• Constraints on central uplift structure from the Manicouagan impact crater

      Spray, J. G.; Thompson, L. M. (The Meteoritical Society, 2008-01-01)
      Recent drilling operations at the 90 km diameter, late Triassic Manicouagan impact crater of Quebec, Canada, have provided new insight into the internal structure of a complex craters central region. Previous work had indicated that the impact event generated a ~55 km diameter sheet of molten rock of relatively consistent (originally ~400 m) thickness (Floran et al. 1978). The drilling data reveals melt sheet thicknesses of up to ~1500 m, with kilometer-scale lateral and substantial vertical variations in the geometry of the crater floor beneath the melt sheet. The thickest melt section occurs in a 1500 m deep central trough encircled by a horseshoe-shaped uplift of Precambrian basement. The uplift constitutes a modified central peak structure, at least part of which breached the melt sheet. Mineralogical and compositional segregation (differentiation) of the thicker melt sheet section, coupled with a lack of fractionation in the thinner units, shows that the footwall geometry and associated trough structure were in place prior to melt sheet solidification. Marked lateral changes in sub-melt sheet (basement) relief support the existence of a castellated footwall that was created by high-angle, impact-related offsets of 100s to 1000s of meters. This indicates that deformation during the modification stage of the cratering process was primarily facilitated by large-displacement fault systems. This work suggests that Manicouagan is a central peak basin with rings, which does not appear to fit with current complex crater classification schemes.
    • The effect of target lithology on the products of impact melting

      Osinski, G. R.; Grieve, R. A. F.; Collins, G. S.; Marion, C.; Sylvester, P. (The Meteoritical Society, 2008-01-01)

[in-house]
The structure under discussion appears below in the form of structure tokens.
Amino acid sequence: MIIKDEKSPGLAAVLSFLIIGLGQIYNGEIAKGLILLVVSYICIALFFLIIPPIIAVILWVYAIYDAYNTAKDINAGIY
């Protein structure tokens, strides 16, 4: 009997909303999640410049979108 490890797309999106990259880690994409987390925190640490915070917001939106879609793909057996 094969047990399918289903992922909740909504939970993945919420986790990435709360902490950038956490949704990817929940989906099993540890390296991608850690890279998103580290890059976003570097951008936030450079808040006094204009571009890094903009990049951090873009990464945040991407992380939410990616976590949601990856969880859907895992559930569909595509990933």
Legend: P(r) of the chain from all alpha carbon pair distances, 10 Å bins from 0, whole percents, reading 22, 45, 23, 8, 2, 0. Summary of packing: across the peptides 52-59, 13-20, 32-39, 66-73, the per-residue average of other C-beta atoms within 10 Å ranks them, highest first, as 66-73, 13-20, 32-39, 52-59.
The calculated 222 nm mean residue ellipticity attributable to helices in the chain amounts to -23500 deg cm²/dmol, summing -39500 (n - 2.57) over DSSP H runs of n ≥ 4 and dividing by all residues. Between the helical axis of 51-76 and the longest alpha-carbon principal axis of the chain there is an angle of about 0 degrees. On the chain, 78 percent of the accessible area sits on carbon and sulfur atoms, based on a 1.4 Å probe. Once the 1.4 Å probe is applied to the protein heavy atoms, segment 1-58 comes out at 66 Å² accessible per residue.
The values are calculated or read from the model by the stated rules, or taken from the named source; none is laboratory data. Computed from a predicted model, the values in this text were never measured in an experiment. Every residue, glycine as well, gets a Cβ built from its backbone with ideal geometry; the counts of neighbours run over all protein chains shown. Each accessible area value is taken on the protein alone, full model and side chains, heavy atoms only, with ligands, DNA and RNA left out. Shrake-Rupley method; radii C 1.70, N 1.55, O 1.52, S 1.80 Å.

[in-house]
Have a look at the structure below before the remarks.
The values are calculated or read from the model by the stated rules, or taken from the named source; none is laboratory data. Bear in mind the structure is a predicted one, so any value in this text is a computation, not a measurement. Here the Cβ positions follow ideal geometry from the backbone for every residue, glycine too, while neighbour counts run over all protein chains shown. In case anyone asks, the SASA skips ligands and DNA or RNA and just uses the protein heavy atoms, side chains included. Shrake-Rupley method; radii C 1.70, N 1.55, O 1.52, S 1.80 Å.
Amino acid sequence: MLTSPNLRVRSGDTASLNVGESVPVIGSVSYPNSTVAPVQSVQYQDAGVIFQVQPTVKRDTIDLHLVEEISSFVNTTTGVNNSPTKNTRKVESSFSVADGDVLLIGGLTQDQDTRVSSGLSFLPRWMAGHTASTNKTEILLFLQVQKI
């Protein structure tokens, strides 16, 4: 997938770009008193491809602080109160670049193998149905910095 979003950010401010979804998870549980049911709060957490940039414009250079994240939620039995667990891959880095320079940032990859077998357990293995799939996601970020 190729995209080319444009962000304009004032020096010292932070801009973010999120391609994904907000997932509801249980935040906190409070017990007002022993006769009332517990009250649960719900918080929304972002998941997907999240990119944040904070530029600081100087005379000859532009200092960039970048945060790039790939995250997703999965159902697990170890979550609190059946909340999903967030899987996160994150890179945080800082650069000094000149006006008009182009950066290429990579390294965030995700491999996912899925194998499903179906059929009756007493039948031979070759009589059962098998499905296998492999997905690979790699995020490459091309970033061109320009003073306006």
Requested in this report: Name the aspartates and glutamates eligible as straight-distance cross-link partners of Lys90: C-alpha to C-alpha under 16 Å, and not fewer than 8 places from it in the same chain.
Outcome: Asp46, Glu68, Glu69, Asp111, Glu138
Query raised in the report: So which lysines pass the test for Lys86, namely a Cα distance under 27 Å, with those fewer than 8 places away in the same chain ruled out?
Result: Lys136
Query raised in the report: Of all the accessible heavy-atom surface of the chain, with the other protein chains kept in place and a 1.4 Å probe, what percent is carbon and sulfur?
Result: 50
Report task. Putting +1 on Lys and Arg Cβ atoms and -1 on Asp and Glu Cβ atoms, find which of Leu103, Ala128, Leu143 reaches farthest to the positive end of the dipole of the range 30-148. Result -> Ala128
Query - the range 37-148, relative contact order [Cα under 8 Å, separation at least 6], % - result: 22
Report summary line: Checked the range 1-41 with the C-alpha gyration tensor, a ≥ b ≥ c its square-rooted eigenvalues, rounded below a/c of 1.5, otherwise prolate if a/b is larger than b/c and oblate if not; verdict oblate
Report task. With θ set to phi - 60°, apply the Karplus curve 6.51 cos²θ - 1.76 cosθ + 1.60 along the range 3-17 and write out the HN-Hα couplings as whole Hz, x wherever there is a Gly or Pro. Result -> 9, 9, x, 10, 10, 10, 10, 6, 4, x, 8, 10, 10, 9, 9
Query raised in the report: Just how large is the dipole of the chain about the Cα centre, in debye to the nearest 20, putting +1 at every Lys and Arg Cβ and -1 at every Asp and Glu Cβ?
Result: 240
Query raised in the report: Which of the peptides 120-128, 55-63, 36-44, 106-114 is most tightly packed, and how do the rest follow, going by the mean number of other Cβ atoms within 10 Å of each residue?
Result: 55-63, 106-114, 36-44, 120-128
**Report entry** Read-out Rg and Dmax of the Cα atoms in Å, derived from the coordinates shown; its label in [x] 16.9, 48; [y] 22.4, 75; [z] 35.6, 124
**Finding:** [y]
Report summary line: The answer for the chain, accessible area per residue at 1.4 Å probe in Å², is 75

Impact cratering is an important geological process on the terrestrial planets and rocky and icy moons of the outer solar system. Impact events generate pressures and temperatures that can melt a substantial volume of the target; however, there remains considerable discussion as to the effect of target lithology on the generation of impact melts. Early studies showed that for impacts into crystalline targets, coherent impact melt rocks or sheets are formed with these rocks often displaying classic igneous structures (e.g., columnar jointing) and textures. For impact structures containing some amount of sedimentary rocks in the target sequence, a wide range of impactgenerated lithologies have been described, although it has generally been suggested that impact melt is either lacking or is volumetrically minor. This is surprising given theoretical constraints, which show that as much melt should be produced during impacts into sedimentary targets. The question then arises: where has all the melt gone? The goal of this synthesis is to explore the effect of target lithology on the products of impact melting. A comparative study of the similarly sized Haughton, Mistastin, and Ries impact structures, suggests that the fundamental processes of impact melting are basically the same in sedimentary and crystalline targets, regardless of target properties. Furthermore, using advanced microbeam analytical techniques, it is apparent that, for the structures under consideration here, a large proportion of the melt is retained within the crater (as crater-fill impactites) for impacts into sedimentary-bearing target rocks. Thus, it is suggested that the basic products are genetically equivalent but they just appear different. That is, it is the textural, chemical and physical properties of the products that vary.